To answer this issue’s Featured Question, ASHA turned to its greatest resource: its members. Shurita Thomas-Tate, an assistant professor at Florida State University, Kumiko Boike, a current postdoctoral fellow at Arizona State University, and Renetta Tull, PROMISE Program Director at the University of Maryland-Baltimore County, have graciously shared their knowledge and experiences in response to this question. (PROMISE is a program aimed at increasing the number and diversity of PhD candidates, and is sponsored by Maryland’s Alliance for Graduate Education and the Professoriate.)

According to Dr. Thomas-Tate, the value of a postdoctoral fellowship lies in its ability to allow an individual time to develop as a researcher without the pressures of a tenure-track position (e.g., teaching and service requirements). Dr. Boike elaborates: “Research is typically the only demand on your time. This means that the postdoc can give you the chance to get up-to-date on current research as well as take the time to learn several different things related to research. For example, if you are asked to act as a reviewer for a journal, you have a bit more time during the postdoc to do this, whereas in a faculty position, you may not have a similar amount of time to devote to learning the ins and outs of reviewing a manuscript.” Additional benefits include the ability to develop a new or underdeveloped area of expertise, time to transition from student to professional, and the opportunity to gain a general “portfolio of experience” that may make applying for a faculty position a bit easier later on.

There are a number of points to consider, however, before accepting a postdoctoral fellowship. Dr. Boike states: “The post-doctoral fellowship] will probably be a learning experience that is challenging at times.” Other factors she encourages students to consider are (a) a salary that is lower than those offered by faculty appointments, (b) limited opportunities to engage in mentoring and/or teaching activities, and (c) a delay in establishing independence from a mentor.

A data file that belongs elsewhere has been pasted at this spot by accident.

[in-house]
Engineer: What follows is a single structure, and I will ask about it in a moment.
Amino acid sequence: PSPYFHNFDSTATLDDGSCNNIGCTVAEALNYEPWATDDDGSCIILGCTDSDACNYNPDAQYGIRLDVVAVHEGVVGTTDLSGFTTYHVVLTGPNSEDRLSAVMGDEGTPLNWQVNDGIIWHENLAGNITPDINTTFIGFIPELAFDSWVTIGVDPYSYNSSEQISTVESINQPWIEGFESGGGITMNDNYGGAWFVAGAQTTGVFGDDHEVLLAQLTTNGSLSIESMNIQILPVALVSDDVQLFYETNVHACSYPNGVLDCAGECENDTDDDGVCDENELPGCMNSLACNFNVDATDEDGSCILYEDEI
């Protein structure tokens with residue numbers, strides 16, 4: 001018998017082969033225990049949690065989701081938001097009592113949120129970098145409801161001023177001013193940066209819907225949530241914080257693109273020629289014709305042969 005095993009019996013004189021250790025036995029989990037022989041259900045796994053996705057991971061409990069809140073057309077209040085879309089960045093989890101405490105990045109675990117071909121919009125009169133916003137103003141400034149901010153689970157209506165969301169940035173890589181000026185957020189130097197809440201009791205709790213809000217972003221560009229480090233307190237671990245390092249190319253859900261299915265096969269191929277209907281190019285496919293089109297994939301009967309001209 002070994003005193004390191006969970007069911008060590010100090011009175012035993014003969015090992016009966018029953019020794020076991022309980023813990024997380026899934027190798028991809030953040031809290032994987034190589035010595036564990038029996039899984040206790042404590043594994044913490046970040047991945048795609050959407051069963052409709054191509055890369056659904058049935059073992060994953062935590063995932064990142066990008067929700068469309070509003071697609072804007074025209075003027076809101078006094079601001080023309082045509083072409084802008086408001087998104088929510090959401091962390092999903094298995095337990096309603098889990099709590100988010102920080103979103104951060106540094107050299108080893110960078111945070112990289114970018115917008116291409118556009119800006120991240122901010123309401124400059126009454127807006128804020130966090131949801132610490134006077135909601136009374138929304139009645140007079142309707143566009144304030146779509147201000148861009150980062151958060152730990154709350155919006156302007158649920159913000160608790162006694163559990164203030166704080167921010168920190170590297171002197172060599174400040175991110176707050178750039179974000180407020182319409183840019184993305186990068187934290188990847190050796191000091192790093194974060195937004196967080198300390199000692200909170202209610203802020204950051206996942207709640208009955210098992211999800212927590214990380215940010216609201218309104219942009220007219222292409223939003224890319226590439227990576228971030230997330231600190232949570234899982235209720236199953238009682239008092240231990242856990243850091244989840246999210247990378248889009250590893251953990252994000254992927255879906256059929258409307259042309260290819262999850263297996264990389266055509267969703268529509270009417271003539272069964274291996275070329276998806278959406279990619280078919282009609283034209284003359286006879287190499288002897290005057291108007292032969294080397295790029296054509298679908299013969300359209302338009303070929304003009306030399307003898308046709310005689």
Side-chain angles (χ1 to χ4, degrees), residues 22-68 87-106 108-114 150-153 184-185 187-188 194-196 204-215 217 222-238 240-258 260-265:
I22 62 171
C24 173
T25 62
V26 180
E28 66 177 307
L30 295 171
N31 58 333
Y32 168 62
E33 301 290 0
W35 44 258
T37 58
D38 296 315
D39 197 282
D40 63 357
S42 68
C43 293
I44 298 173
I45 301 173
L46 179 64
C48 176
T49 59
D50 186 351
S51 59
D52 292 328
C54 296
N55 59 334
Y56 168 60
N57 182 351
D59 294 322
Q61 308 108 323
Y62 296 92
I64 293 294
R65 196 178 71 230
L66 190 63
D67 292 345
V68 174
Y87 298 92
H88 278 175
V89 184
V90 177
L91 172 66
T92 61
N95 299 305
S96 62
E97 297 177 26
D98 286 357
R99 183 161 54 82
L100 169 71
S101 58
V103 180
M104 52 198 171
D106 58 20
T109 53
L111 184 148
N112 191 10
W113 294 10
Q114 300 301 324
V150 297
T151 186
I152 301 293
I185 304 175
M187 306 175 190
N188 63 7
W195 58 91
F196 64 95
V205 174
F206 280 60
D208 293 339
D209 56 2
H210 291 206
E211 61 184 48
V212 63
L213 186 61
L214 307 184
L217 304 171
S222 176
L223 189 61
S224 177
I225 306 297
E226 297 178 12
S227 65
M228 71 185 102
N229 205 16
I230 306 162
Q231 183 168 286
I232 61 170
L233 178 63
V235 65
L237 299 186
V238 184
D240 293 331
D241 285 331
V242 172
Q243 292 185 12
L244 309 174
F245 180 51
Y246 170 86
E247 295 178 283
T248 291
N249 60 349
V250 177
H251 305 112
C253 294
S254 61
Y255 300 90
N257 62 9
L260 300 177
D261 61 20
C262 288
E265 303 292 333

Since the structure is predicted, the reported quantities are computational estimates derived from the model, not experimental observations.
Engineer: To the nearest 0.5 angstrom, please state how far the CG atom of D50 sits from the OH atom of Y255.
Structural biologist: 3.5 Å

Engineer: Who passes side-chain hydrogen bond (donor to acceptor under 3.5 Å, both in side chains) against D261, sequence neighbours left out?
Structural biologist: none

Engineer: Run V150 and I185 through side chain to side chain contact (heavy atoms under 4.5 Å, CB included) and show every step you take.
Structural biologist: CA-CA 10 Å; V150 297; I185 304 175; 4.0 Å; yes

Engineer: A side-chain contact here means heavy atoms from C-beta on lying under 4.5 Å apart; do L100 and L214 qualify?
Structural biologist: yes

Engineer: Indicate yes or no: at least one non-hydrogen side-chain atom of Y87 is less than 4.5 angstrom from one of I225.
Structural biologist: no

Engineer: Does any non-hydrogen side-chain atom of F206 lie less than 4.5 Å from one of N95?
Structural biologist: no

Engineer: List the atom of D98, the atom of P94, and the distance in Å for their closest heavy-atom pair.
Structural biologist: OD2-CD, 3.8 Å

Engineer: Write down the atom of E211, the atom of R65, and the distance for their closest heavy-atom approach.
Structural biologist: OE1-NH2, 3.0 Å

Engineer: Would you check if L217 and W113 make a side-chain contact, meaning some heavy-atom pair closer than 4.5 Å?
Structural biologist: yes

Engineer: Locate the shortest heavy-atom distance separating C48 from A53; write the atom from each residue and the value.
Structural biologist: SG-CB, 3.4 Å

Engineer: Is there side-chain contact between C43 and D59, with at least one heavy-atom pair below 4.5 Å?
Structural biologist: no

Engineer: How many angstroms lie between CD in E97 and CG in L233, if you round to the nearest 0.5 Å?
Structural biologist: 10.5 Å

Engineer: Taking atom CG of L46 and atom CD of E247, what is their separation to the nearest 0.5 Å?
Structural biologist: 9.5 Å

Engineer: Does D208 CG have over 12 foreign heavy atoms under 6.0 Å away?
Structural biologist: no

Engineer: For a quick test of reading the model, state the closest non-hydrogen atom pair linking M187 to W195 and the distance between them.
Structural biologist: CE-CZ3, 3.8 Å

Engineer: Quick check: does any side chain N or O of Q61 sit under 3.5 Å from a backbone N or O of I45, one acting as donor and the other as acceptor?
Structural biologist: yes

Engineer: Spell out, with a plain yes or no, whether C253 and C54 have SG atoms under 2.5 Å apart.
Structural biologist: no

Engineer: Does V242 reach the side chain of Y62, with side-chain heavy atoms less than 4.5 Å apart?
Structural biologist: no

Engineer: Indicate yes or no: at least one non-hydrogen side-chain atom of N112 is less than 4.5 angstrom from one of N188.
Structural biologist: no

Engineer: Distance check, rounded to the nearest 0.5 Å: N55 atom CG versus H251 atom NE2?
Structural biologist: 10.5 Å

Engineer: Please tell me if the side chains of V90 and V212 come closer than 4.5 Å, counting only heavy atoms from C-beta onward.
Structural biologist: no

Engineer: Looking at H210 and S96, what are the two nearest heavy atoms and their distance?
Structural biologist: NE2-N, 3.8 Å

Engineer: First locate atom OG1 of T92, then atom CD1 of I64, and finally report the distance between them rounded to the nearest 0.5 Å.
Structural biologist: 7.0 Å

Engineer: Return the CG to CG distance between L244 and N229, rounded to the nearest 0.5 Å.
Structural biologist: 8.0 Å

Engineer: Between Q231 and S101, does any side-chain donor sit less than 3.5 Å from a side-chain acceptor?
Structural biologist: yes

Despite some of the challenges faced, all of the current and former postdoctoral fellows interviewed consider their postdoc experience to be an invaluable part of helping them prepare for a faculty position. Dr. Tull says, “I was able to make smooth transitions and navigate the campus, the department, and my field from the perspective of a faculty member as opposed to seeing the academic world as a student, [as well as] acclimate to a new state and city without the pressure of the tenure clock.” Dr. Thomas-Tate adds: “I developed more confidence in my abilities and had time to write up my dissertation for publication.”

Many resources are available to students considering postdoctoral opportunities. Dr. Thomas-Tate had this to say: “I tell my students that they should look for postdoc opportunities with specific researchers and/or specific research labs that they are interested in. They should contact those researchers and see if they have their own postdoctoral funding mechanisms available, or if they are open to accepting a postdoc but don’t have funding, students should seek their own funding through sources such as the NIH.” Dr. Tull adds: “look for universities with proven track records for addressing ethnic underrepresentation in the Science, Technology, Engineering, and Mathematics (STEM) fields. Universities with programs similar to the Louis Stokes Alliances for Minority Participation (LSAMP), Alliances for Graduate Education and the Professoriate (AGEP), and the Advance Program for women faculty in STEM fields are generally good places to start.”

Please visit the links below for more information on available postdoctoral opportunities and/or funding a postdoctoral fellowship.